Farage declares Ukip 'serious players' after election surge

Published on Friday, 23 May 2014 11:00
Written by Daniel Mason

Ukip's promised earthquake in British politics showed signs of becoming reality overnight as the party made major gains in local elections, taking seats from both Labour and the Conservatives.

At 10:30, with results declared in 65 of the local authorities England and Northern Ireland in which elections were held, Ukip had gained 89 councillors while Labour had added 112. The Conservatives and Liberal Democrats were both down 103. Turnout in yesterday's vote was around 36%.

The success story for Nigel Farage's party is expected to continue on Sunday when the outcome of the European elections is revealed. Polls have indicated Ukip is in a tight battle with Labour to finish first in that contest.

Farage said it showed his Eurosceptic party would be "serious players" come next year's general election, even though the surge was not enough to hand it overall control of any councils and it fared less well in London than in other parts of the country. "The Ukip fox is in the Westminster house," he claimed.

"There are areas of the country where now we have got an imprint in local government," Farage said. "Under the first past the post system we are serious players."

While Labour failed to make the gains it had expected in some of its key targets, including Swindon, it did successfully wrest control of Hammersmith and Fulham from the Tories - a council previously described as David Cameron's favourite.

Labour MP Graham Stringer criticised party leader Ed Miliband after the party's mediocre performance, describing the election campaign as "unforgivably unprofessional". He added: "We have not done as well as we should have done in both the presentation of our policies and the organisation of the campaign."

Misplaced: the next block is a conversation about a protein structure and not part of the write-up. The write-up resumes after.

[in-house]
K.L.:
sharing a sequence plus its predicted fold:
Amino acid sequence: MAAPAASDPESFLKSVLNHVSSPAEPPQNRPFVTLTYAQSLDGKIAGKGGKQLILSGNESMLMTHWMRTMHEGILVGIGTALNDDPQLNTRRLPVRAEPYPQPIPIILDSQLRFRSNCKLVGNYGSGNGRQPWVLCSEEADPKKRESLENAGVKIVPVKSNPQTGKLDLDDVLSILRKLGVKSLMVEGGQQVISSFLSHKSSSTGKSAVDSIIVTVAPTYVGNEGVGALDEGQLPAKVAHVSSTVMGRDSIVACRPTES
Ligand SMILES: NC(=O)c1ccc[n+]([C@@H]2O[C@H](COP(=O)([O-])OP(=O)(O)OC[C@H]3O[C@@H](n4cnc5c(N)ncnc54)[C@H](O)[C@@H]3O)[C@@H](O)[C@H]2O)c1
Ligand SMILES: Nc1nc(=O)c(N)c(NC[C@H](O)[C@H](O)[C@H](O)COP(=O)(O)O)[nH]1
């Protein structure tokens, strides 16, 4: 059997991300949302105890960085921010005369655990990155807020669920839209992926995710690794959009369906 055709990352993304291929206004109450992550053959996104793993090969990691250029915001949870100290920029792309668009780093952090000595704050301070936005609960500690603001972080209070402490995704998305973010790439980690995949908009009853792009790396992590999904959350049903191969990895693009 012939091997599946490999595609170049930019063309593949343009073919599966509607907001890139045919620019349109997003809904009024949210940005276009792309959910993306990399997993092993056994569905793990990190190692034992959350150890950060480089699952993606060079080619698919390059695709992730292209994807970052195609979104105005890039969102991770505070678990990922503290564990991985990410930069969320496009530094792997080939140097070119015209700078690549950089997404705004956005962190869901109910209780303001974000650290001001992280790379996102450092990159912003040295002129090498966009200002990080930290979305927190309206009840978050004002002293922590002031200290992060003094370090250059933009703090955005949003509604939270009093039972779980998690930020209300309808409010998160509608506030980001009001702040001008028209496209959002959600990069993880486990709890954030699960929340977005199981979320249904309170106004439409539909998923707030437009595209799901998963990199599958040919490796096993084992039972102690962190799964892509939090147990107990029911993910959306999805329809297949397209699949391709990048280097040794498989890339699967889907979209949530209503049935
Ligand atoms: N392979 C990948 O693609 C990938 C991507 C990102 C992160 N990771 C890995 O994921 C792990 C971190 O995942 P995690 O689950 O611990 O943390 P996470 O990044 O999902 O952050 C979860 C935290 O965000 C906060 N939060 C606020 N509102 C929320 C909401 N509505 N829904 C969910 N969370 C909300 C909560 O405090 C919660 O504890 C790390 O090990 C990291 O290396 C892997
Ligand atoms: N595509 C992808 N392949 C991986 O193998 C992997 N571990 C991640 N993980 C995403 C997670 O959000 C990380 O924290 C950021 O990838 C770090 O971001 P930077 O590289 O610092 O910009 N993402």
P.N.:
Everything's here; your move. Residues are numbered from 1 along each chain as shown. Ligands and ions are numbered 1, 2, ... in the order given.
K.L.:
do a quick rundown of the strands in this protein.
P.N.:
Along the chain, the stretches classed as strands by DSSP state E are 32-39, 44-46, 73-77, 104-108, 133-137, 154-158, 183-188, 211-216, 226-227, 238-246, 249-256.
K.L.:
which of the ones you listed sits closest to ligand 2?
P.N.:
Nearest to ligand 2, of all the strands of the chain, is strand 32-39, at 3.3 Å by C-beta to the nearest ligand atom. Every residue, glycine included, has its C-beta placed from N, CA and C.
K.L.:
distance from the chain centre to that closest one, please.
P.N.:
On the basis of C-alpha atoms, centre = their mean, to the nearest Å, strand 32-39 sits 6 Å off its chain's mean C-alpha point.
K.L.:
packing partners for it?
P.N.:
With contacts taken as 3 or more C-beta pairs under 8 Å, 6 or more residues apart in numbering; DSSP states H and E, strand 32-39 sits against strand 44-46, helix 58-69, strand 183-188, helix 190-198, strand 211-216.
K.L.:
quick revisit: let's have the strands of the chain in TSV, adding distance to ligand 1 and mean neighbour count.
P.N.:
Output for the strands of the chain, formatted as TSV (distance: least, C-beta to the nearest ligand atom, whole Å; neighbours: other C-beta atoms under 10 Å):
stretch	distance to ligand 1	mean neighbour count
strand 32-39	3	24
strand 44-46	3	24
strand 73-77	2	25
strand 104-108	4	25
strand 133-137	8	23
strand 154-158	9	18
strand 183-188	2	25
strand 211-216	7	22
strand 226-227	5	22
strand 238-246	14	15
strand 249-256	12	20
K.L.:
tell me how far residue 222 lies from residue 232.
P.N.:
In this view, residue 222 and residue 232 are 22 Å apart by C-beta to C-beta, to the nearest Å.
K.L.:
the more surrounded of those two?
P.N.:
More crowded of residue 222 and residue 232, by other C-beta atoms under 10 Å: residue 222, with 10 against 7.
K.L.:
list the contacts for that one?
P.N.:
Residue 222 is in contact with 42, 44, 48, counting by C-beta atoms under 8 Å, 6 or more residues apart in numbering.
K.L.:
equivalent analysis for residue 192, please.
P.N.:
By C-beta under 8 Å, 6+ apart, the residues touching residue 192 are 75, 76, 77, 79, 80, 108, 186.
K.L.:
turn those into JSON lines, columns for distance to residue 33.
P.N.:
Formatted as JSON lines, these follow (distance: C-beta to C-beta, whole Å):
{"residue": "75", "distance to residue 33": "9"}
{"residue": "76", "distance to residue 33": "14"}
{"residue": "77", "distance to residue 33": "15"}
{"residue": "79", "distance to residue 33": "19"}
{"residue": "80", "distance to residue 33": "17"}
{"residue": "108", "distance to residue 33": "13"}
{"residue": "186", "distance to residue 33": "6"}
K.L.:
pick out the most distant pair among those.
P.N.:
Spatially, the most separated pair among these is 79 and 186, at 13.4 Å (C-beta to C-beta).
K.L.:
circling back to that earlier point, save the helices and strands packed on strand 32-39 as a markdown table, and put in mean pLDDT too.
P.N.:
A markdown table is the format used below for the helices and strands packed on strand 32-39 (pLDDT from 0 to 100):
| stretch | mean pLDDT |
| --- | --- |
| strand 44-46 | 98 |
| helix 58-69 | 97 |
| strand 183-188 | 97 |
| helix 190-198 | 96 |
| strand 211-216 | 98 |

Douglas Alexander, Labour's shadow foreign secretary and election strategist, dismissed those claims and insisted the party was making progress in "key battleground marginal seats" - while acknowledging that the country had entered an era of four-party politics.

The Conservatives won Kingston upon Thames from the Lib Dems but suffered a bad night overall, leading some Tory MPs to renew calls for an electoral deal with Ukip. However, party chairman Grant Shapps said there was "no question of a pact per se".

Michael Gove, the Conservative education secretary, said the real story of the night was Labour's failure to make serious inroads ahead of next year's general election. "You would ordinarily have expected the party to benefit not to be Ukip but to be Labour, who are the principle opposition, who are bidding to be the government next time round.

"And if you look across the country, they just have not made the progress that you'd expect a party to make if they were going on to become the next government."

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